District of Columbia, DC
Surveyed affordable-housing-property owners in the Washington, DC, region to track changes in rent delinquency rates and help city agencies determine how to target financial assistance to tenants and landlords.
As of mid-July 2020, 33 percent of District of Columbia residents were not confident in their ability to pay the next month’s rent. Moreover, tenants’ inability to pay rent during the COVID-19 pandemic disrupted many affordable housing developers’ cash flows, making it difficult for them to balance their books. The Coalition for Nonprofit Housing & Economic Development (CNHED) is a member association that collected data to track the COVID-19 pandemic’s financial impact on affordable housing properties across the District of Columbia. Although national trackers collect data on rent payments, they do not include subsidized housing or log partial payments.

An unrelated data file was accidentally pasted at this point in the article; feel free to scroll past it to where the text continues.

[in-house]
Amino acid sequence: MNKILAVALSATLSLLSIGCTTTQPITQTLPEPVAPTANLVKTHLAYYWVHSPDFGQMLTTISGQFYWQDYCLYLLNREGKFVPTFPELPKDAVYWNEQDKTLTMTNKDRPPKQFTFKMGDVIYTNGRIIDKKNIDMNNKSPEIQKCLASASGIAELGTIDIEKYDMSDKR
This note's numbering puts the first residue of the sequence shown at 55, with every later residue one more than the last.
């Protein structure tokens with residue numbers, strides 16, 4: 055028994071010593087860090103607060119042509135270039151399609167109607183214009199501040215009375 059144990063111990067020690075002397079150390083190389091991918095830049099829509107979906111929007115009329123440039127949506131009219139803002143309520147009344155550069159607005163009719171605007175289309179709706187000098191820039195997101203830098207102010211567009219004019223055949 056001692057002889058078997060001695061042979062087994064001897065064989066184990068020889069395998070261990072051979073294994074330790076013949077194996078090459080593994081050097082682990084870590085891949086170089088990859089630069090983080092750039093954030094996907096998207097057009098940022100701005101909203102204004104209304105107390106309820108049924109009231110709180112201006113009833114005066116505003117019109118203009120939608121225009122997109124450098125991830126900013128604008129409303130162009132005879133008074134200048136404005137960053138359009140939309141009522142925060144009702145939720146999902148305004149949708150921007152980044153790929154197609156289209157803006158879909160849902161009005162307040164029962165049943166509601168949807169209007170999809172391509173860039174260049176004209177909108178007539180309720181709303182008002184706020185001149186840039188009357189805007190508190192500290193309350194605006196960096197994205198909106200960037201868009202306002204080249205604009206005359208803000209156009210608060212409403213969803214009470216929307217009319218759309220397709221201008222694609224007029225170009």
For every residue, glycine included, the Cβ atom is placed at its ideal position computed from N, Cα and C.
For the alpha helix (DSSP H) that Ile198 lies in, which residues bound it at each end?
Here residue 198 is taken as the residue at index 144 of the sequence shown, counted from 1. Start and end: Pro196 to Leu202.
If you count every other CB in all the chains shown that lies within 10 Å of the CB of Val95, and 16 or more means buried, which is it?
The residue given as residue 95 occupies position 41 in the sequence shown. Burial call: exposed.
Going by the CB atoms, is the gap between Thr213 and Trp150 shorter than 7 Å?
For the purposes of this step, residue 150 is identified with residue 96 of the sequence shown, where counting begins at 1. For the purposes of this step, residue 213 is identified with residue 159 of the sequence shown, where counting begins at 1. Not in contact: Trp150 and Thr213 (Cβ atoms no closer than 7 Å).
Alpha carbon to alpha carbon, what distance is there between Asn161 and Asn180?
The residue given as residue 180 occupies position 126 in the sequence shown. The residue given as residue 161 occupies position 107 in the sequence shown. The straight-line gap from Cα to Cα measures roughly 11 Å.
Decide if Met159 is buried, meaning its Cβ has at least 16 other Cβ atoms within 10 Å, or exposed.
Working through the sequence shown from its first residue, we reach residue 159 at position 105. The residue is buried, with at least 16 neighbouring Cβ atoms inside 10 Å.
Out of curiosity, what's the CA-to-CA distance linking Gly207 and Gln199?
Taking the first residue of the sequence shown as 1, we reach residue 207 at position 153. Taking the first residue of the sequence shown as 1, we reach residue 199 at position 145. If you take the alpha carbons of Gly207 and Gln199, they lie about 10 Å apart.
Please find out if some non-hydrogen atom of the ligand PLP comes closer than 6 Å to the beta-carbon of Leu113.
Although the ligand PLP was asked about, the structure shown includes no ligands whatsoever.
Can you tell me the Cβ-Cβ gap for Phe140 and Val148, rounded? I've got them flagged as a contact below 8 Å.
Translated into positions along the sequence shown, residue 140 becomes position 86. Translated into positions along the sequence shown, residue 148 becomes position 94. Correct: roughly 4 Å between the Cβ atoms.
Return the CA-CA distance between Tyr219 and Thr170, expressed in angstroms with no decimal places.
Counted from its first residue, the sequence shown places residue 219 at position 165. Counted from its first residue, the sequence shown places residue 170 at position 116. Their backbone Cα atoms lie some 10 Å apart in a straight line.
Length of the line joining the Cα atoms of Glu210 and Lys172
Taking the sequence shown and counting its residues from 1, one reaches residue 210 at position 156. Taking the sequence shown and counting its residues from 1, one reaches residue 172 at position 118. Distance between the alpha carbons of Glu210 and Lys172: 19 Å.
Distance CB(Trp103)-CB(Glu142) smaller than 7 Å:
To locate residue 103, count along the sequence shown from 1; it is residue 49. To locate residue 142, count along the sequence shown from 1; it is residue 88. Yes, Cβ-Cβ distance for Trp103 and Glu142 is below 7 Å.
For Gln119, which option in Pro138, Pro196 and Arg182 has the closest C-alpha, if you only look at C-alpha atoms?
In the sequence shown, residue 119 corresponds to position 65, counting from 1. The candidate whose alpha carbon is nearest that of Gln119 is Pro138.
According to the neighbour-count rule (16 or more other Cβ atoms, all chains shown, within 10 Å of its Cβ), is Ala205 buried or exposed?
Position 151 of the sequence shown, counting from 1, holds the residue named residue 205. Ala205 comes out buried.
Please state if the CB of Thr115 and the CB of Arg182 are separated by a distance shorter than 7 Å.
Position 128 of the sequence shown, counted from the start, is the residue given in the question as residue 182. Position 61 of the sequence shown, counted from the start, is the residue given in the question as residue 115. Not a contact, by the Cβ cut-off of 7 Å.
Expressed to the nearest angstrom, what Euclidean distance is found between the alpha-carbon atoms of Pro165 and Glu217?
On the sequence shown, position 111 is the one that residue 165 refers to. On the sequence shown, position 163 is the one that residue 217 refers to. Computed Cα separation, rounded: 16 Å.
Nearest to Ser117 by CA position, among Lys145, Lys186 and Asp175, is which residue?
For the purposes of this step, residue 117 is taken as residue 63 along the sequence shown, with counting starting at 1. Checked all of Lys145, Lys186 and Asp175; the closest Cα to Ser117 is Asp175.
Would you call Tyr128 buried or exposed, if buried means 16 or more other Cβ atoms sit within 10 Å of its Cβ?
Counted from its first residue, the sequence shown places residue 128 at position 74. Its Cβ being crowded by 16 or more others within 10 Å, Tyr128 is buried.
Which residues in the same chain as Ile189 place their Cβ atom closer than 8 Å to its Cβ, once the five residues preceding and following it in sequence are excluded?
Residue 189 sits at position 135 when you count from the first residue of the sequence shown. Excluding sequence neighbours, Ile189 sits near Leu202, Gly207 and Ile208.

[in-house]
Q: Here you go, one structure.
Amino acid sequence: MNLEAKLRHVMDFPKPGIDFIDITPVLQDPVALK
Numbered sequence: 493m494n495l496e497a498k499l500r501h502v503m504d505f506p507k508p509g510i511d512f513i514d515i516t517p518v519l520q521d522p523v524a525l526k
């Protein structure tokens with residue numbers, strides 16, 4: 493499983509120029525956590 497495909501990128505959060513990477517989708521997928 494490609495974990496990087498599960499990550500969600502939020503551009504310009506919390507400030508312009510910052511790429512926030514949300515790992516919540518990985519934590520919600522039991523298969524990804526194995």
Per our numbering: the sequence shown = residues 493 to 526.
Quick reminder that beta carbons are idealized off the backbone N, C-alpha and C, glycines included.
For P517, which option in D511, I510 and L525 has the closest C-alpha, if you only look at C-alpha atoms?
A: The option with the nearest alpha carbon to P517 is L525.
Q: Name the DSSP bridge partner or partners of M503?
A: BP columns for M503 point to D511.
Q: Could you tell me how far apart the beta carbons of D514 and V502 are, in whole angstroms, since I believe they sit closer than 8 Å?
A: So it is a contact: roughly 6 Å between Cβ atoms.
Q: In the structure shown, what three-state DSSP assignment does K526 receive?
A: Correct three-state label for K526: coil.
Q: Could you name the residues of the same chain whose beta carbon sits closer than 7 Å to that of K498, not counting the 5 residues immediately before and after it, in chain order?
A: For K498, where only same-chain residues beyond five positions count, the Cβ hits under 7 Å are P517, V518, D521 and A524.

To conduct its research, CNHED worked with affordable housing developers to collect the dollar amounts of financial delinquency and the number of tenants missing rent payments each month. CNHED compared the amount of unpaid rent with estimated gross potential rent and calculated the rate of financial delinquency for these properties across the District. CNHED conducted property-level analyses by collecting the location, type of residents, income limits, and number of units with rent subsidies for each property in an affordable housing developer’s portfolio. In addition, CNHED used a monthly tracker to report metrics in aggregate, showing how the nonpayment rate fluctuates and hopes to extend data collection six months beyond the end of the public health emergency to evaluate the pandemic’s evolving impact and understand how financial assistance can best be targeted to assist tenants and landlords.